(1) Mike Ashley told Lee Charnley that maybe he could talk with me last week but I said: ‘Listen, we cannot say too much so I think it’s better if we wait.’ The message Mike Ashley is sending is quite positive, but it was better to talk after we play Tottenham.” Benítez will ask Ashley for written assurances over his transfer budget, control of transfers and other spheres of club autonomy, but can also reassure the owner that the prospect of managing in the second tier holds few fears for him.
(2) Since the start of this week, markets have been more cautious, with bond yields in Spain reaching their highest levels in four months on Tuesday amid concern about the scale of the austerity measures being imposed by the government and fears that the country might need a bailout.
(3) S&P – the only one of the three major agencies not to have stripped the UK of its coveted AAA status – said it had been surprised at the pick-up in activity during 2013 – a year that began with fears of a triple-dip recession.
(4) On Friday, a spokesperson for China’s foreign ministry appeared to confirm those fears, telling reporters that the joint declaration, a deal negotiated by London and Beijing guaranteeing Hong Kong’s way of life for 50 years, “was a historical document that no longer had any practical significance”.
(5) I fear that I will have to go through another witch-hunt in order to apply for this benefit."
(6) And adding to this toxic mix, was the fear that the hung parliament would lead to a weak government.
(7) Ex-patients of a dental fear clinic were found to have significantly reduced, yet still high, dental anxiety scores in comparison with the pre-intervention scores.
(8) The hypothesis that the standard acoustic startle habituation paradigm contains the elements of Pavlovian fear conditioning was tested.
(9) Wharton feared that if his bill had not cleared the Commons on this occasion, it would have failed as there are only three sitting Fridays in the Commons next year when the legislation could be heard again should peers in the House of Lords successfully pass amendments.
(10) In a recent study, Orr and Lanzetta (1984) showed that the excitatory properties of fear facial expressions previously described (Lanzetta & Orr, 1981; Orr & Lanzetta, 1980) do not depend on associative mechanisms; even in the absence of reinforcement, fear faces intensify the emotional reaction to a previously conditioned stimulus and disrupt extinction of an acquired fear response.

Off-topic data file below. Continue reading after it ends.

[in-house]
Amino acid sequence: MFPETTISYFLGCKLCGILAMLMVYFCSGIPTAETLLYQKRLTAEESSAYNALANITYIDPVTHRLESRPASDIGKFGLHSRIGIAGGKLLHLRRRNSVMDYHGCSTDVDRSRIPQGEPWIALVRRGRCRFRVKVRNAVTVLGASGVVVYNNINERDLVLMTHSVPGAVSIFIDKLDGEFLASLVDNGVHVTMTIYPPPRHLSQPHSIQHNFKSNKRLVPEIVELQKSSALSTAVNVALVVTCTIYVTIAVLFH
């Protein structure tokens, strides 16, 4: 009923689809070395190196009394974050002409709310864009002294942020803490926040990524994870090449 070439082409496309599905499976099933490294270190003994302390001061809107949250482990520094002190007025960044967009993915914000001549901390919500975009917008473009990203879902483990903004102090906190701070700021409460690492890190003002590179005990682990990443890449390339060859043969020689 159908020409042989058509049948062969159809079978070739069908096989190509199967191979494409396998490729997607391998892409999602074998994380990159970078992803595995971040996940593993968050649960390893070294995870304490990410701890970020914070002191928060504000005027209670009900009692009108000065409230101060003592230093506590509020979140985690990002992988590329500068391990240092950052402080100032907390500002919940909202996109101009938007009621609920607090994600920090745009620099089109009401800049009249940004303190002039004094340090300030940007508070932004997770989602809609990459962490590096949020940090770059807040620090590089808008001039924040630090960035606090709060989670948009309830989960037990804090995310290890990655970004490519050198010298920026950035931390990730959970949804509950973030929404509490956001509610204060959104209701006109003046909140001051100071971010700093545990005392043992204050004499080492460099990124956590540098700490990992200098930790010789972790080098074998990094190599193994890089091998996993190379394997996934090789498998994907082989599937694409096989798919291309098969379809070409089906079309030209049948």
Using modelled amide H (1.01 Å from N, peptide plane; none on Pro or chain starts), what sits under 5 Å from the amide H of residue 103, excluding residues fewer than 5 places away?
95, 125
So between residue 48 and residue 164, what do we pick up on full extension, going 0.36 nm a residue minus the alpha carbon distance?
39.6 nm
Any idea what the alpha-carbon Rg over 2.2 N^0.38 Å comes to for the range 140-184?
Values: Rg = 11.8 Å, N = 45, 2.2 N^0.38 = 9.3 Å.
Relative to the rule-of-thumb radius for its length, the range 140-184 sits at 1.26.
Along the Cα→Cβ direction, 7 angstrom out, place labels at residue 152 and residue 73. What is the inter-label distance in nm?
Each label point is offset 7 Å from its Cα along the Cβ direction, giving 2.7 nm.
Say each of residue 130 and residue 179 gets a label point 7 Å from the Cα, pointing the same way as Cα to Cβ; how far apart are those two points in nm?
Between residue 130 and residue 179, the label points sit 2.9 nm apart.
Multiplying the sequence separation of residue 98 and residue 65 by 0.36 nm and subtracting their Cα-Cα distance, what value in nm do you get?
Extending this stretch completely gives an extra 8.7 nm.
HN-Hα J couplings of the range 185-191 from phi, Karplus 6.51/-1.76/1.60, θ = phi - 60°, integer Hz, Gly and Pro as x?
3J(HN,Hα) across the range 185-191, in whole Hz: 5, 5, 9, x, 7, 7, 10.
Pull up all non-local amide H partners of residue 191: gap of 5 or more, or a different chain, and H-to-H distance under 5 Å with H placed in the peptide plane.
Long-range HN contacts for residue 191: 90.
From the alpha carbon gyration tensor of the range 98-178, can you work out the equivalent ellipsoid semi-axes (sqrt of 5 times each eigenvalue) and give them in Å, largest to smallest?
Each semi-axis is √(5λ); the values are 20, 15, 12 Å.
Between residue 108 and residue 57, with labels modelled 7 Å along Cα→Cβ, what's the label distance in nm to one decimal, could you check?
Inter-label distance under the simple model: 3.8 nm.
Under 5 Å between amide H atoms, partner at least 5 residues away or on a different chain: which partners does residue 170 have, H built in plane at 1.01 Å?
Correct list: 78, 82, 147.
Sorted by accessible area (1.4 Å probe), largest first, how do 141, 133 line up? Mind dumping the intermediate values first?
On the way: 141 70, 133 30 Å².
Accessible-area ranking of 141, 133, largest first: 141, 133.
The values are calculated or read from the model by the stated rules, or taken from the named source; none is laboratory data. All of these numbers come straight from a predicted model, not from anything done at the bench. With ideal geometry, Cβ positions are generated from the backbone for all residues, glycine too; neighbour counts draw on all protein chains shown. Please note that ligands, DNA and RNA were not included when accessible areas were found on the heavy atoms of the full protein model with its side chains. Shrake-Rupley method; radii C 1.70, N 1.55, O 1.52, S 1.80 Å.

(11) But that promise was beginning to startle the markets, which admire Monti’s appetite for austerity and fear the free spending and anti-European views of some Italian politicians.
(12) First, Dr Collins is fear-mongering when he says that ‘lives will be lost’ as a result of our calculations.
(13) Whether out of fear, indifference or a sense of impotence, the general population has learned to turn away, like commuters speeding by on the freeways to the suburbs, unseeingly passing over the squalor.
(14) Under pressure from many backbenchers, he has tightened planning controls on windfarms and pledged to "roll back" green subsidies on bills, leading to fears of dwindling support for the renewables industry.
(15) The countries have accused each other of cross-border attacks and there are fears the current tension could spark a wider war with Nkunda at its centre.
(16) They have not remotely done this so far, largely from fear of domestic political consequences that cannot be simply dismissed.
(17) Likud warned: “Peres will divide Jerusalem.” Arab states feared that his dream of a borderless Middle East spelled Israeli economic colonialism by stealth.
(18) One of the reasons for doing this study is to give a voice to women trapped in this epidemic,” said Dr Catherine Aiken, academic clinical lecturer in the department of obstetrics and gynaecology of the University of Cambridge, “and to bring to light that with all the virology, the vaccination and containment strategy and all the great things that people are doing, there is no voice for those women on the ground.” In a supplement to the study, the researchers have published some of the emails to Women on Web which reveal their fears.
(19) Some have been threatened and assaulted, while others’ homes have been ransacked, their families living in constant fear.
(20) The population prevalence of high dental fear was 115 fearful children per 1000 population (SE = 0.02).